The Isle of Man is geographically part of the British Isles. However, it has its own Parliament, the Tynwald, which is of Norse origin and is older than the British Parliament. It also has its own Manx language, and even its cats are a breed apart, distinguished by their lack of a tail. The capital is Douglas, a Victorian seaside resort with a very long promenade, a fact to which I can testify, having stayed in a hotel halfway along it on my recent first visit to the island. At one end of the promenade is the town centre. As I walked around the shops I kept getting the feeling that there was something different and slightly old-fashioned about Douglas town centre. Then it dawned on me why this was: there was a refreshingly low number of chains compared with the "clone towns" of mainland Britain. Beyond the shops is the harbour and marina, lined with restaurants and pubs. This is also where the ferries come in, arriving from Liverpool, Heysham, Belfast and Dublin. Out in the bay is St Mary's Isle, with the Tower of Refuge, a structure built in 1832 to provide refuge for the survivors of shipwrecks. The islet is accessible by foot during exceptionally low tides, and one day during our April visit the annual organised walk out to the island took place, with large numbers of people lining up on the seafront ready to join the 'crocodile' line of walkers crossing the beach.
|St Mary's Isle|
The Isle of Man is famous for two things, both of which involve getting from A to B. The big event of the year is the TT motorcycle races, which start and finish in Douglas. During the races the town becomes party central in the evenings. The other thing the island is famous for is its heritage railways, two of which have terminii in Douglas. The Electric Railway, which follows a delightful route northwards to Ramsay, starts from the northern end of the promenade, and the Steam Railway bound for Port Erin via Castletown starts from near the harbour. During the summer months a horse-drawn tram goes back and forth along the seafront. Douglas' lively nightlife encompasses bars, restaurants, nightclubs and a casino, and for the more culturally inclined the Edwardian Gaiety Theatre. One of the more relaxing daytime activities is a stroll through the gardens of the Villa Marina, while the Manx Museum occupies an elevated position in the town. Outside the lively bar at the Sefton Hotel is a statue of the island's most famous former resident, Norman Wisdom, who spent much of his later life there. The island's other claim to celebrity fame is that it was the birthplace of the Gibb Brothers (or Bee Gees), who later moved to Australia. When we were there a special set of stamps in memory of the late Robin Gibb was being launched.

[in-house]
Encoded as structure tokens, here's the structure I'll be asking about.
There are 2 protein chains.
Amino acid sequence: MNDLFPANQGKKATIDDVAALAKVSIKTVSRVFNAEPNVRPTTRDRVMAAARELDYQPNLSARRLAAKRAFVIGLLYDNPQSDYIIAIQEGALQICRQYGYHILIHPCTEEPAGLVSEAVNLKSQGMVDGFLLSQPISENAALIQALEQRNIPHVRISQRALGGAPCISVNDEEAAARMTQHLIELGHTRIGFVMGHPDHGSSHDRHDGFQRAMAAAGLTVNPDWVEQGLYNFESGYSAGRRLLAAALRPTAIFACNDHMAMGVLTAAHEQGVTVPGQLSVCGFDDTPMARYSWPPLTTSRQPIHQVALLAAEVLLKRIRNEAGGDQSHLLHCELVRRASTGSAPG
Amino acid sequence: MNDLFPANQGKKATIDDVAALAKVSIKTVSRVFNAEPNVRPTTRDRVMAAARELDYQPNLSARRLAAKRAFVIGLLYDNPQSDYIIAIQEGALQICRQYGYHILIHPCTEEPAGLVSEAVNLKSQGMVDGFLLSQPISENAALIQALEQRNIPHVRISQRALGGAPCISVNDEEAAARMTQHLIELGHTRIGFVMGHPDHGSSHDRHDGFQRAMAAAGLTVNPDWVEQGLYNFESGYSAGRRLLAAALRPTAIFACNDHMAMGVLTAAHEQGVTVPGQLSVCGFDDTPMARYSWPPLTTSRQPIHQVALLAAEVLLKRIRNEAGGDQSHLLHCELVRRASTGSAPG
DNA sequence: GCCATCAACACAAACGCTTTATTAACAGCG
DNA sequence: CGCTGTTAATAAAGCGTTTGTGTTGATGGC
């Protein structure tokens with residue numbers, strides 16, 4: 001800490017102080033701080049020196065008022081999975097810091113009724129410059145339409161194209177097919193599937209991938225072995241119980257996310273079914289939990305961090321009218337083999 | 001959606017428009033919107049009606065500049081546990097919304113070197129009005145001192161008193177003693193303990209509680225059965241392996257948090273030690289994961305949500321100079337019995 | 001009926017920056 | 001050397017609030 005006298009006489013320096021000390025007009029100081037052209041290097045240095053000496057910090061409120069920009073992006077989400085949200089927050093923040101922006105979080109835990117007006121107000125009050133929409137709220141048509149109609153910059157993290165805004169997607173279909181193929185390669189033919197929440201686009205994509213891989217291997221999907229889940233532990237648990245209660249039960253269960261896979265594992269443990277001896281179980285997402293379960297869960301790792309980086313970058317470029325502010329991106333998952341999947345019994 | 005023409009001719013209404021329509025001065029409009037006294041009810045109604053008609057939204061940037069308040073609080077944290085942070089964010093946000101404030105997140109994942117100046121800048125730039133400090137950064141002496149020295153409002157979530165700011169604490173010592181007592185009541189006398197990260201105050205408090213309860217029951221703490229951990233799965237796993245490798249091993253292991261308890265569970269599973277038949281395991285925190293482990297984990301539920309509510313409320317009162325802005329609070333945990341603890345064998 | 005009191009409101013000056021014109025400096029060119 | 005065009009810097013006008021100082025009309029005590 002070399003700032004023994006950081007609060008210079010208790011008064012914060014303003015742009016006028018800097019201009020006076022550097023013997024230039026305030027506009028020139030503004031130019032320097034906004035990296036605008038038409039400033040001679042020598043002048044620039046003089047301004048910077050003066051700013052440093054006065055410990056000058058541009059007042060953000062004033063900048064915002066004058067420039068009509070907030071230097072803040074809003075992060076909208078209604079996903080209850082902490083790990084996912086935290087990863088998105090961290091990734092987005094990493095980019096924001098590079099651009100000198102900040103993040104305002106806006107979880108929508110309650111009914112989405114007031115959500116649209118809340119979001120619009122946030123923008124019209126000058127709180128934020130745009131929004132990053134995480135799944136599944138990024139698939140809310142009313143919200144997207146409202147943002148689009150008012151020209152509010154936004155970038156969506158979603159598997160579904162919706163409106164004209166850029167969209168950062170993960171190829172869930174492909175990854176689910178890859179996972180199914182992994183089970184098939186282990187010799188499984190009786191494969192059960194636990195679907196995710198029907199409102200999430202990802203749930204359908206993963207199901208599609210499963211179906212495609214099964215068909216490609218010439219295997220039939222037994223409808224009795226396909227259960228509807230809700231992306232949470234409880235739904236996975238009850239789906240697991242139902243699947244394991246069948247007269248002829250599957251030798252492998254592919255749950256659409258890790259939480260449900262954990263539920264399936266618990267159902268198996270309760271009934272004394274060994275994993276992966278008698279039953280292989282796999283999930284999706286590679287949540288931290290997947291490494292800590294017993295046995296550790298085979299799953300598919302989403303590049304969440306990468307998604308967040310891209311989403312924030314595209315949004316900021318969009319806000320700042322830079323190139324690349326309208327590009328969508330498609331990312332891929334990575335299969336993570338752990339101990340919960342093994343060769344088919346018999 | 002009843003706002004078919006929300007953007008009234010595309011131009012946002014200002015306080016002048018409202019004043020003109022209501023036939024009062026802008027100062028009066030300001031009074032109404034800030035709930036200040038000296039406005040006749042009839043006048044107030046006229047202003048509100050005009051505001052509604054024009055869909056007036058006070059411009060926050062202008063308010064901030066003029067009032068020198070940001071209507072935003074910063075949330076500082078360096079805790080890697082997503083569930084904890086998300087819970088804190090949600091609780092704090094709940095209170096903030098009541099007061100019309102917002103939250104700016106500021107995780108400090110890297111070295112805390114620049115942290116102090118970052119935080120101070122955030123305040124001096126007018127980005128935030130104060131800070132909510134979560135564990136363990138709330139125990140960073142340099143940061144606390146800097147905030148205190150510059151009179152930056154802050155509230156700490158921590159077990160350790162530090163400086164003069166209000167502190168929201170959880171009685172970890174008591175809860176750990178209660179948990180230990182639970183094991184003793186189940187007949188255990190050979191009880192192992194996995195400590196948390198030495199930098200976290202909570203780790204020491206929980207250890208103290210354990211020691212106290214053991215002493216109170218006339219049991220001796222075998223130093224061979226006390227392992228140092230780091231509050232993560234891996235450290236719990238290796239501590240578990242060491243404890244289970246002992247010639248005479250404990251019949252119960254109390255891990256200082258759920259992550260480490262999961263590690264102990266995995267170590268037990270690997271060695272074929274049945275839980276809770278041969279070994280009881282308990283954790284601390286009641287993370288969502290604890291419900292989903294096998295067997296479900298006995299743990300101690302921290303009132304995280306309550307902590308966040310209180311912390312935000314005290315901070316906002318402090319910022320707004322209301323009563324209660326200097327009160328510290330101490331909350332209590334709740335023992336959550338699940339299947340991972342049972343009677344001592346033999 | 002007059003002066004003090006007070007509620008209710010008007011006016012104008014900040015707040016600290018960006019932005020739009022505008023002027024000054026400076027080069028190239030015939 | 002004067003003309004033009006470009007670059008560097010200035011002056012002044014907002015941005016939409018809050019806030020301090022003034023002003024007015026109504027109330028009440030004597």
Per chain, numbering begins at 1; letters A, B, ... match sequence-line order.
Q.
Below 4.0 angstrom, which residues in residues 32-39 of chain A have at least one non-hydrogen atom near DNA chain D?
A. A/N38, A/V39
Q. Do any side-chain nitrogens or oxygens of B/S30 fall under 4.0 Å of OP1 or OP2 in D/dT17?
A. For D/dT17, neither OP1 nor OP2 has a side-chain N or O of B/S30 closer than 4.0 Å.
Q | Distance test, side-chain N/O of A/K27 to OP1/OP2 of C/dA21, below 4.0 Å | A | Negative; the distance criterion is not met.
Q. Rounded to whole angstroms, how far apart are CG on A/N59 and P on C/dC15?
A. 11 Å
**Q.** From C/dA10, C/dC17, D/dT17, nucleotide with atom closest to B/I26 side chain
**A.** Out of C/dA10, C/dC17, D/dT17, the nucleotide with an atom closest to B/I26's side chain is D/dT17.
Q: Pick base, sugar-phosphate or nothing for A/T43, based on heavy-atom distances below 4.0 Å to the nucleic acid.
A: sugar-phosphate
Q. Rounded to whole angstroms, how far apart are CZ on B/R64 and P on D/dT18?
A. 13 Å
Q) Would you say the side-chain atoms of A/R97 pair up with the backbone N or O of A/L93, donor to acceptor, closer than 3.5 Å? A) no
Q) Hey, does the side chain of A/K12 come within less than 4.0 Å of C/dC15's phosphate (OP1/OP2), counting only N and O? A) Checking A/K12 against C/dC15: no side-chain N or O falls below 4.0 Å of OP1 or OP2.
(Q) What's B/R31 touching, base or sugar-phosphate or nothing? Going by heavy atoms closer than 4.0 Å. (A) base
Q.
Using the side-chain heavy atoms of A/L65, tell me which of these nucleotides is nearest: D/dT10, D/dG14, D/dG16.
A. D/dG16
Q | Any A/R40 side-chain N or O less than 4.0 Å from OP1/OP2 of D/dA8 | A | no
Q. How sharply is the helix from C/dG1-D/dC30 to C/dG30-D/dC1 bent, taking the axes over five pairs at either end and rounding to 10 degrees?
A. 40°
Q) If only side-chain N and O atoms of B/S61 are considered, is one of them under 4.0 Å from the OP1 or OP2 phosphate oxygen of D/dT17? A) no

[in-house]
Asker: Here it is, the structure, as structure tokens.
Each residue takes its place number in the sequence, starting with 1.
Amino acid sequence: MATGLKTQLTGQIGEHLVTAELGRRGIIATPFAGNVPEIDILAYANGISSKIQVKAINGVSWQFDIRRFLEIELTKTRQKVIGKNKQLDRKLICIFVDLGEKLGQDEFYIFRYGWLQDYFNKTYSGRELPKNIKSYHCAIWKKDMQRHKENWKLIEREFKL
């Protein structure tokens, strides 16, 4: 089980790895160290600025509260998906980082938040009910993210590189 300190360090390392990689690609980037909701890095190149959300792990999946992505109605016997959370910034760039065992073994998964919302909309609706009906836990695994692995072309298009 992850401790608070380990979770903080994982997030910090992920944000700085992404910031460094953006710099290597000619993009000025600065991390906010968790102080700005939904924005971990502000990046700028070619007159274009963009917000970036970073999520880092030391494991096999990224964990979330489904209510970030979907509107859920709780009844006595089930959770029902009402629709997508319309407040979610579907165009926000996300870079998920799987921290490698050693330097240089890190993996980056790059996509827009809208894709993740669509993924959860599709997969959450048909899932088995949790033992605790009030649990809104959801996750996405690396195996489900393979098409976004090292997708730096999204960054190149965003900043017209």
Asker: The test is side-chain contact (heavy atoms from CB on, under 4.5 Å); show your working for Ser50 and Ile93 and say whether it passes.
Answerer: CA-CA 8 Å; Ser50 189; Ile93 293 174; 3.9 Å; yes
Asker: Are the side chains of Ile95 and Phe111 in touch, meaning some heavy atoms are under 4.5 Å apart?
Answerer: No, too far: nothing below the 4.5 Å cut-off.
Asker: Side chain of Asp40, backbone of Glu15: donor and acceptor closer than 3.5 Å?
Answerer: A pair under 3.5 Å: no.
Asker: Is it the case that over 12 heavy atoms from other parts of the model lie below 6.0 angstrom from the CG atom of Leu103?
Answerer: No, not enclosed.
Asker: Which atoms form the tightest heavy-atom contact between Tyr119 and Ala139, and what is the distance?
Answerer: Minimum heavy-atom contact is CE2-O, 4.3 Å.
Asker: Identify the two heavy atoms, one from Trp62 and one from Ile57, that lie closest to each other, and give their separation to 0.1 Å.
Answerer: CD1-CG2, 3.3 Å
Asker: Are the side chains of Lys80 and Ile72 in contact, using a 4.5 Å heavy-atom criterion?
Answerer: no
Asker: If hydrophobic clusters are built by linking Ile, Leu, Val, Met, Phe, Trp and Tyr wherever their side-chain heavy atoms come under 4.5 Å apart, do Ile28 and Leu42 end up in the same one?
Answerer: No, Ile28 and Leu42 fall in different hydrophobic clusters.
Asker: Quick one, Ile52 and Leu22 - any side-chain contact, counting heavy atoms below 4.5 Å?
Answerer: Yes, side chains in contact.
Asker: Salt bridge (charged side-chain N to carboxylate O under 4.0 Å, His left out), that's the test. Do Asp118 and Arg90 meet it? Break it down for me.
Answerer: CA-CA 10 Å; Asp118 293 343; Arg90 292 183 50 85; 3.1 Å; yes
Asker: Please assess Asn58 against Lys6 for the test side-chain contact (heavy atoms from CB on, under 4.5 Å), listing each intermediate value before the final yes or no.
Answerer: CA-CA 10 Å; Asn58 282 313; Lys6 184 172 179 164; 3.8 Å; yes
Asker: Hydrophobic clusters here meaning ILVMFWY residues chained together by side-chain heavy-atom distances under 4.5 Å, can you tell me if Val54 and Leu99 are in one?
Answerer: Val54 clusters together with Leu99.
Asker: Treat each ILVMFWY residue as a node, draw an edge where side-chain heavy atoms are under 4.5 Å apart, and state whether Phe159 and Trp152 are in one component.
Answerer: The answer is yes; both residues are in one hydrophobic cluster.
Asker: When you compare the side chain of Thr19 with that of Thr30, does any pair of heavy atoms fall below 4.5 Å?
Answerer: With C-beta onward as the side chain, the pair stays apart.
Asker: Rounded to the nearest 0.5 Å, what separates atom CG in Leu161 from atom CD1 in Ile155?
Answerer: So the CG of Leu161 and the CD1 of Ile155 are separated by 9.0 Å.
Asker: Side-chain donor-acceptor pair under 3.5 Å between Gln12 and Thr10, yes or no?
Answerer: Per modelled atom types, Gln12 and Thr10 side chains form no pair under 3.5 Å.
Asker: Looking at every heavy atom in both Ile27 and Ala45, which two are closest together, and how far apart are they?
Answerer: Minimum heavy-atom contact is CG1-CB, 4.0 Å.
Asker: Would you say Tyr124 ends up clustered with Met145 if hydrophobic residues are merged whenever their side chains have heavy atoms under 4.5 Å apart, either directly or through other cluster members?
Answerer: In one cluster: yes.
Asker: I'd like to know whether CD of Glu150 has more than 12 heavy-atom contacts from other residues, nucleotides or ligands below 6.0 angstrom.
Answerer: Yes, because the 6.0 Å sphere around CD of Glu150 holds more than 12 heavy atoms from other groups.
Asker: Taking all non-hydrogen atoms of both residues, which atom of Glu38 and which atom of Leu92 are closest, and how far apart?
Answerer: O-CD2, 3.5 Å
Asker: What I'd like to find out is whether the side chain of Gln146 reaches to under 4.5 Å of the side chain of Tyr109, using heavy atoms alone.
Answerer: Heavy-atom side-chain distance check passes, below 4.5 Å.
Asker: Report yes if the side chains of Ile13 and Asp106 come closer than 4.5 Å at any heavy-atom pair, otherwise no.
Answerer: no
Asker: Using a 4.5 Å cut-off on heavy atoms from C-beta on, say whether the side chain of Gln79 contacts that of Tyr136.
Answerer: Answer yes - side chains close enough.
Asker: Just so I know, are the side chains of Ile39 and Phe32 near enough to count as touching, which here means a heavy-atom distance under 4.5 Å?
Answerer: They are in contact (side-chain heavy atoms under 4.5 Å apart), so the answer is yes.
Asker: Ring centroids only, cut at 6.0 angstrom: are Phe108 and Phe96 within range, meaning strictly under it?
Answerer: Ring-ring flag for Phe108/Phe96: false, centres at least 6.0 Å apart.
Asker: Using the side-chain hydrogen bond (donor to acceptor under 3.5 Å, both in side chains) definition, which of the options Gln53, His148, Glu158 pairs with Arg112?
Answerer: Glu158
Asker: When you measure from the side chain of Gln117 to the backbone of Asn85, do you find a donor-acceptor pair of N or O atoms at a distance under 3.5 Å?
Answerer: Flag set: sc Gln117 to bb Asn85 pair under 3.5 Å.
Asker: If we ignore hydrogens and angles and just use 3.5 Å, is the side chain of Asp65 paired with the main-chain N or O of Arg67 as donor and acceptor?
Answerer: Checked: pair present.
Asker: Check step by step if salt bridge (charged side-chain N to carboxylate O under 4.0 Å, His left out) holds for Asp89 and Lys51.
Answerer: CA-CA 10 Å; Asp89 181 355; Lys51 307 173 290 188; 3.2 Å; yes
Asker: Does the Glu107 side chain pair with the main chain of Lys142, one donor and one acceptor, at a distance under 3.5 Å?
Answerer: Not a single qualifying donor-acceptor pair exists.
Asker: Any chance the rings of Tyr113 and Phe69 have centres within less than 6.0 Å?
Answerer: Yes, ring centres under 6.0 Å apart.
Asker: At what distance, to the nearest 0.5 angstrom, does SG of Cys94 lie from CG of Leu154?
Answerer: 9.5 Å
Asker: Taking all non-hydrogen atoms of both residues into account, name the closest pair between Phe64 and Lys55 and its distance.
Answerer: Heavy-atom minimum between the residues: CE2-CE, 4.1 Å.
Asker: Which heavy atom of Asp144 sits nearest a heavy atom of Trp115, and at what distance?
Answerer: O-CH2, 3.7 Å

|View of the bay from the Electric Train|